Arts Research Monitor

The Arts Research Monitor, created by Hill Strategies Research in 2002, provides synopses of qualitative and quantitative research findings in the arts and culture. The Monitor should be useful to artists, arts managers, funders, policy makers, researchers and others with an interest in learning more about the arts and culture. The Arts Research Monitor is funded by the Canada Council for the Arts and the Ontario Arts Council.

22 June 2016

Estimates of the direct contribution of culture to GDP and employment in British Columbia, Alberta, Saskatchewan, and Manitoba in 2014.

22 June 2016

Using the industry perspective, Statistics Canada estimates that the direct economic impact of culture industries (also known as value added or gross domestic product) was $61.7 billion in Canada in 2014, or 3.3% of the country’s GDP. In 2014, there were 700,100 jobs directly related to culture industries, or 3.9% of the 18.1 million jobs in the country.

22 June 2016

Statistics Canada’s report on Provincial and Territorial Culture Indicators (PTCI) measures the direct economic and employment impact of the arts, culture, and heritage, similar to the 2010 Culture Satellite Account (CSA). The PTCI estimates are based on economic projections, so they should not be considered as precise as the CSA data.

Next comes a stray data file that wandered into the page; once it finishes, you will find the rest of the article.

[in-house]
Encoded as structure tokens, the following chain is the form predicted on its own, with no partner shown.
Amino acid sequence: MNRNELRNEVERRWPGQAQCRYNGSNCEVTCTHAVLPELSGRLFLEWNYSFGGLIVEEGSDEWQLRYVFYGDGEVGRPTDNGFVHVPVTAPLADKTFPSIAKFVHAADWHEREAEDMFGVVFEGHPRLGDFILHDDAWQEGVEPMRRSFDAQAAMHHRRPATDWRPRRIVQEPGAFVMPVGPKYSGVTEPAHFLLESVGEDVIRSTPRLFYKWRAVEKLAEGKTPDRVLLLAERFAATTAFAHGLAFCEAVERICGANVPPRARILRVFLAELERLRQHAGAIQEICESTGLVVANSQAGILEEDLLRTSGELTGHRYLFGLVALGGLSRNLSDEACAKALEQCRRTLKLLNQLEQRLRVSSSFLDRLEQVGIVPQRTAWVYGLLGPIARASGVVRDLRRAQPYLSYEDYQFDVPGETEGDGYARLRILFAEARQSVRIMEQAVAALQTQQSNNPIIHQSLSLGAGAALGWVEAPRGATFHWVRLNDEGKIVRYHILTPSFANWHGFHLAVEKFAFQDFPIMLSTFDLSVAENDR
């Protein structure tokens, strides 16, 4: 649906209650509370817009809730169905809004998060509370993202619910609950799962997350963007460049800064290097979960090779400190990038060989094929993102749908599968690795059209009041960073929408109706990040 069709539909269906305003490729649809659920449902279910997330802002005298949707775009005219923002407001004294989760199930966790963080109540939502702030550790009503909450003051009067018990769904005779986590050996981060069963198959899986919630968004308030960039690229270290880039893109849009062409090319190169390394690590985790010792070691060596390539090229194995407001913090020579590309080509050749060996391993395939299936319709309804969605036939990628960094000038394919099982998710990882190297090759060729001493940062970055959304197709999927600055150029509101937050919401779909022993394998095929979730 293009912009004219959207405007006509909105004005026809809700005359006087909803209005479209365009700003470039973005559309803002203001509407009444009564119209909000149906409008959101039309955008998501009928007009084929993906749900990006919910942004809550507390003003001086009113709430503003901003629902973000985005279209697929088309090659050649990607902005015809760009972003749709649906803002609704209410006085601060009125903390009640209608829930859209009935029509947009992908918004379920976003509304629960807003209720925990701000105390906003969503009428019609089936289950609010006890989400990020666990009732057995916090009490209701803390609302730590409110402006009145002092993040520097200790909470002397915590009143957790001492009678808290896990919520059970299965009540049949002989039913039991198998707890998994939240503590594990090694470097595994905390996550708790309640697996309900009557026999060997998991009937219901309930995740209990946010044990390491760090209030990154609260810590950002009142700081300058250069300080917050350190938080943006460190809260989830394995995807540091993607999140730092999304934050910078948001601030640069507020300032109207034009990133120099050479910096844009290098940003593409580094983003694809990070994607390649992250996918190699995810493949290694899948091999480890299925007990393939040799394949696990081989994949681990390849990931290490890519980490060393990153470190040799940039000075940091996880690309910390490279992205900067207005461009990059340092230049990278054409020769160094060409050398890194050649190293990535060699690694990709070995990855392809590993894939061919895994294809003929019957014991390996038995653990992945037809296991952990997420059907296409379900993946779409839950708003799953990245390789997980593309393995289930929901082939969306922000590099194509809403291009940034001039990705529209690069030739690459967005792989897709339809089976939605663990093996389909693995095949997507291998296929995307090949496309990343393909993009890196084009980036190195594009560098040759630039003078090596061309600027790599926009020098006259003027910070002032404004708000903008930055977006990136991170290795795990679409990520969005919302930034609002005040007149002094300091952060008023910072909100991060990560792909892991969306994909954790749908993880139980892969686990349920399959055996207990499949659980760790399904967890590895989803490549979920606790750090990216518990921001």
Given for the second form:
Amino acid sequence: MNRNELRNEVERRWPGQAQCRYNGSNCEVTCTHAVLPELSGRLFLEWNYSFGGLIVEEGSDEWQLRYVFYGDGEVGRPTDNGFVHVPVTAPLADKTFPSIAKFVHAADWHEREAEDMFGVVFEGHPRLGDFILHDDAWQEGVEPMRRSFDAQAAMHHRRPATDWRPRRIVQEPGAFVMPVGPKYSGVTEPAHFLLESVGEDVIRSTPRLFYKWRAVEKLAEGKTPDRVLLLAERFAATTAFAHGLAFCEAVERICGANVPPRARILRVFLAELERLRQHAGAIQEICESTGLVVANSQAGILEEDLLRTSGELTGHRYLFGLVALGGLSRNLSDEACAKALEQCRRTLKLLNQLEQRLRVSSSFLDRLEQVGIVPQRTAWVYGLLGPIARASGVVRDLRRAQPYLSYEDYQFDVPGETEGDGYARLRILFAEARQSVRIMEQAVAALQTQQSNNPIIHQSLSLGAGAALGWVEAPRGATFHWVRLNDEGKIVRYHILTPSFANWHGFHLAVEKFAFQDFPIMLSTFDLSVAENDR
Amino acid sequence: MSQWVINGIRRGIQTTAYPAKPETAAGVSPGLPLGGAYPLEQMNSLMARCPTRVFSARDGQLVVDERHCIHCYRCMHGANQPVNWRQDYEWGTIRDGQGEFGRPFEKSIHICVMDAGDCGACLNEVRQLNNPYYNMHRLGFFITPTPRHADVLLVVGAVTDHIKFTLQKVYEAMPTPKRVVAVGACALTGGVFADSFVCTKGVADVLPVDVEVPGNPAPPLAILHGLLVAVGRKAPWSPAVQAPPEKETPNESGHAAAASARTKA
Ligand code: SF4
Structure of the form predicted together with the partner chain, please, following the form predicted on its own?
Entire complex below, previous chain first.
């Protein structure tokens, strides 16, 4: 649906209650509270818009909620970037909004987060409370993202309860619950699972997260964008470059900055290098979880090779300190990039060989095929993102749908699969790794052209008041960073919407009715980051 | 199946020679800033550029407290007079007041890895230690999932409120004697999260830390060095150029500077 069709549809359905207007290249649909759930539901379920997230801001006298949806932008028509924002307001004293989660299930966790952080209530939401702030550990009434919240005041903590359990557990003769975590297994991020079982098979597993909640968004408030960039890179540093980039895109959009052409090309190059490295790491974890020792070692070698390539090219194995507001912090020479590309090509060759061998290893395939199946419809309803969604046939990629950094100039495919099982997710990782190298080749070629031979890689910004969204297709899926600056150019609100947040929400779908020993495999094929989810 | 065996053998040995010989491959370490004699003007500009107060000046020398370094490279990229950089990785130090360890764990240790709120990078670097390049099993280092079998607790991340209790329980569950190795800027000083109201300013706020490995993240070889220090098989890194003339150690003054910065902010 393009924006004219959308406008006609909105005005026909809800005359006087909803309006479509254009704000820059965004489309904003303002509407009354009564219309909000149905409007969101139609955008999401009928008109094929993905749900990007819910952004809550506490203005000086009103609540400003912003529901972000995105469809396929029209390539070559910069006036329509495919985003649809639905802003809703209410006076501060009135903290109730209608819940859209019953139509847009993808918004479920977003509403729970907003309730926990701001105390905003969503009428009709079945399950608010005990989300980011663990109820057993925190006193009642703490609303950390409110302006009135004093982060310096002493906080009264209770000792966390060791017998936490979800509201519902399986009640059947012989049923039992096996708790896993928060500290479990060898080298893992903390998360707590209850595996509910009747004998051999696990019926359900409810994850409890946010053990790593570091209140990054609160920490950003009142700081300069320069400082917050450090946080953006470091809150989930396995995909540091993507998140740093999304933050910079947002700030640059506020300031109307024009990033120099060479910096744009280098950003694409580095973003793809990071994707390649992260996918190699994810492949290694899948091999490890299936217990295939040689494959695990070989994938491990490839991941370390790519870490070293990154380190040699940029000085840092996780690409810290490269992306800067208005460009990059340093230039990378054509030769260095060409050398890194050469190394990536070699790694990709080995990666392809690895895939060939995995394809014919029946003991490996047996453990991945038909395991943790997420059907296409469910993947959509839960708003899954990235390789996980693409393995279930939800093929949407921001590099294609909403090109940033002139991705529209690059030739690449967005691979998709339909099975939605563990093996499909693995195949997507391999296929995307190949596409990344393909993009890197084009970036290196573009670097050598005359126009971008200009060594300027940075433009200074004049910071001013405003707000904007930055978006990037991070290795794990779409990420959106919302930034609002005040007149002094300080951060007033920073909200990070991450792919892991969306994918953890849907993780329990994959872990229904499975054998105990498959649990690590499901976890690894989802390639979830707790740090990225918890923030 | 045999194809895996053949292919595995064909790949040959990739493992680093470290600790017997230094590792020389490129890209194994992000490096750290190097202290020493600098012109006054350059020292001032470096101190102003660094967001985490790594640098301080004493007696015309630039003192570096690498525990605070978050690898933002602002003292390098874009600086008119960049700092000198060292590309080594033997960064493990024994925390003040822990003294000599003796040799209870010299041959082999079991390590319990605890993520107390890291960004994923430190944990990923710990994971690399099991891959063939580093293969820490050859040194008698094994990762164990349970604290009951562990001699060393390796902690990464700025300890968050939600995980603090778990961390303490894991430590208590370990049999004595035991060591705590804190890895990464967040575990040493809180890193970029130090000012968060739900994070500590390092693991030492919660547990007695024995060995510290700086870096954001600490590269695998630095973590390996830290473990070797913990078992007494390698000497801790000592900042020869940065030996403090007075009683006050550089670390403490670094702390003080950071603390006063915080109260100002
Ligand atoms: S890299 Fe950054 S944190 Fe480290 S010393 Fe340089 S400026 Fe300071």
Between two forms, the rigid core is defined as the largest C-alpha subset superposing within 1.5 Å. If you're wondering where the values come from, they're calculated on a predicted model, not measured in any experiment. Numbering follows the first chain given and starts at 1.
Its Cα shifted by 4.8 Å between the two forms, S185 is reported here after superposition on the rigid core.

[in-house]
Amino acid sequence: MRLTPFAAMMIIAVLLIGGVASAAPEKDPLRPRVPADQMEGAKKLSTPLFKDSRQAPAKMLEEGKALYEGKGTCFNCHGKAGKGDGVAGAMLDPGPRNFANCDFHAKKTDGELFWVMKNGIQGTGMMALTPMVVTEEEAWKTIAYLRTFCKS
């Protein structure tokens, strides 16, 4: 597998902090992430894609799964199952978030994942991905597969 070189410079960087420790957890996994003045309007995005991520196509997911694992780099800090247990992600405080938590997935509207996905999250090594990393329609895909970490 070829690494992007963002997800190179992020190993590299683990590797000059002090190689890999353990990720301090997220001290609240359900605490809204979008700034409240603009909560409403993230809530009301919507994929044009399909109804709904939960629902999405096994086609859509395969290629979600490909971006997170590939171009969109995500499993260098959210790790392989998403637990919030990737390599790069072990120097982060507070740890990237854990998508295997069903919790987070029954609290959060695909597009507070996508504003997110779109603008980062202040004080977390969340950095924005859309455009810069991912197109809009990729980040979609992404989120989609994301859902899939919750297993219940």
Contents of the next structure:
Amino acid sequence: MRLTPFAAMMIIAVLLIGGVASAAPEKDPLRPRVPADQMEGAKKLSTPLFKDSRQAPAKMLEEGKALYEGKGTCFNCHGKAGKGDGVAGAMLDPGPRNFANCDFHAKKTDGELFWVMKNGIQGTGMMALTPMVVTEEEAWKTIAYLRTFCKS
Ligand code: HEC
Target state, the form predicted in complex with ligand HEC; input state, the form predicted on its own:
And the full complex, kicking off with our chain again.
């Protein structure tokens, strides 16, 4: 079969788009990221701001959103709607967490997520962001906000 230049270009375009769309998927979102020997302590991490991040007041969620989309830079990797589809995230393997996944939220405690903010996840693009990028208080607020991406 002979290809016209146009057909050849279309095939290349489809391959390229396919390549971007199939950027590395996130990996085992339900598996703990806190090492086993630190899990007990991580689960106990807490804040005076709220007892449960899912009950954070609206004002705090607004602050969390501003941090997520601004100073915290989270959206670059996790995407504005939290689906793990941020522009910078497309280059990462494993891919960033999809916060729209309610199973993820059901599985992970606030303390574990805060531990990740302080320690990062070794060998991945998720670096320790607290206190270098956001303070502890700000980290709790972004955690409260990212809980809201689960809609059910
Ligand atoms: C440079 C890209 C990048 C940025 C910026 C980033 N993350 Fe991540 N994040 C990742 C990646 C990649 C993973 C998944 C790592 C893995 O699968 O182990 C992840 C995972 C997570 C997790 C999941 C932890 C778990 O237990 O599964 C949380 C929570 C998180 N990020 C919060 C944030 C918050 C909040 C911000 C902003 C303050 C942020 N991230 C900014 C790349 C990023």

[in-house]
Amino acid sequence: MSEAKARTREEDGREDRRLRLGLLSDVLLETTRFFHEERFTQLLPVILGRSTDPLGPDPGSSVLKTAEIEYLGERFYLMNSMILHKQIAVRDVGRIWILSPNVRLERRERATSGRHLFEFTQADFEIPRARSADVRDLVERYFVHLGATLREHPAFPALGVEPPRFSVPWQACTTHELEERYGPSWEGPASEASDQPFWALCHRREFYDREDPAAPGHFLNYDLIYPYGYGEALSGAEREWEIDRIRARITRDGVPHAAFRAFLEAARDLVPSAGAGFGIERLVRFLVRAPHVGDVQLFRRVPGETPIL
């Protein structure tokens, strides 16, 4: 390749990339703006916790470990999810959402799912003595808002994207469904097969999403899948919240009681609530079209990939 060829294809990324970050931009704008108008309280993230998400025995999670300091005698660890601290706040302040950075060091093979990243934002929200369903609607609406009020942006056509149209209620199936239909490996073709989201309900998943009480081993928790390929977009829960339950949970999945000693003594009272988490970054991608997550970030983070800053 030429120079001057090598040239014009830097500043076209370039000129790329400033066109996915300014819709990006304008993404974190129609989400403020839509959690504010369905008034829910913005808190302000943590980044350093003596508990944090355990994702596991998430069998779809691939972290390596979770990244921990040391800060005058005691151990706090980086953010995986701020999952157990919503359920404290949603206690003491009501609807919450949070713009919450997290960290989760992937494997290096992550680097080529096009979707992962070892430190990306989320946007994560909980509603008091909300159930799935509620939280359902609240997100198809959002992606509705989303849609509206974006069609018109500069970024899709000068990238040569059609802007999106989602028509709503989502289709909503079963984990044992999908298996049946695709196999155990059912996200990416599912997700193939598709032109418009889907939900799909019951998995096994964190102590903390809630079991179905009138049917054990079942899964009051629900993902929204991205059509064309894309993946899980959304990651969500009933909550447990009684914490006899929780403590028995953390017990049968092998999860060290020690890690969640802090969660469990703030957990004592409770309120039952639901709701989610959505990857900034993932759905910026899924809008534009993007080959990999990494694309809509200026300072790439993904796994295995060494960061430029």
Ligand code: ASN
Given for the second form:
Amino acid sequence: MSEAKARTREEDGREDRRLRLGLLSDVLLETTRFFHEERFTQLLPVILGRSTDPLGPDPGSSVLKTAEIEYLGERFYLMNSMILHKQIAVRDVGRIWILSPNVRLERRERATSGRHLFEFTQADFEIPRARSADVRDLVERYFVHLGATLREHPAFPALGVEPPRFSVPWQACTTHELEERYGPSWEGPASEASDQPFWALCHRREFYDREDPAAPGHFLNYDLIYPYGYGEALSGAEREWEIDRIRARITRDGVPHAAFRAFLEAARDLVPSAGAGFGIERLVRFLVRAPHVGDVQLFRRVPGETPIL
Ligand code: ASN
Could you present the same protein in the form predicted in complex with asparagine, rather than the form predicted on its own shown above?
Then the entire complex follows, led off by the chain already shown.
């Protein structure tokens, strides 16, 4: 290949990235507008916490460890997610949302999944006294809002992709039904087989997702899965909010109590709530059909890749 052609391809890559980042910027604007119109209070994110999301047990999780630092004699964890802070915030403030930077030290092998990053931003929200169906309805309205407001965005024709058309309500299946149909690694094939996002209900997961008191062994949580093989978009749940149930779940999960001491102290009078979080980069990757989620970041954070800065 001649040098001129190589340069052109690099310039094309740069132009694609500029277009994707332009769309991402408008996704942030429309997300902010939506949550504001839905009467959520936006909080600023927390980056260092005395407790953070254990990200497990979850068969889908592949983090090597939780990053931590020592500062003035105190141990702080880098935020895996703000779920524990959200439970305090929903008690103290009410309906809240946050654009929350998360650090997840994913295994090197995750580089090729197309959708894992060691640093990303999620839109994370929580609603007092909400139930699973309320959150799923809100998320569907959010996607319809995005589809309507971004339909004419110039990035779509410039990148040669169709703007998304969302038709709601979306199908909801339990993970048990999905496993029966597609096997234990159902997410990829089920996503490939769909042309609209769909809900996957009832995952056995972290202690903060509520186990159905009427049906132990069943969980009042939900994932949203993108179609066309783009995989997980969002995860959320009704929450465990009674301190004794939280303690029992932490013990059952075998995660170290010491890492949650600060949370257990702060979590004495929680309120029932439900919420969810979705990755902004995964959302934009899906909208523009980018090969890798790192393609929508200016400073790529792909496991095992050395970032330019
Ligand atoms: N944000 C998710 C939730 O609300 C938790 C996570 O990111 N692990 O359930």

25 May 2016

Based on a survey of over 4,000 orchestra attendees and “the largest ever orchestra sales dataset” from 44 American orchestras and one Canadian one (the National Arts Centre Orchestra), this report examines “why people subscribe, why they lapse, and what they might want that is not currently being offered” in current orchestra subscription packages.

25 May 2016

Employing a cost-benefit analysis (based on a national consumer survey, venue owner and operator interviews, and secondary data on the sector), this report attempts to provide “a valuation of the economic, social and cultural contribution” of live music in Australia. The headline finding of the report is that, “for every dollar spent on live music in Australia, $3.00 worth of benefits are returned to the wider Australian community”.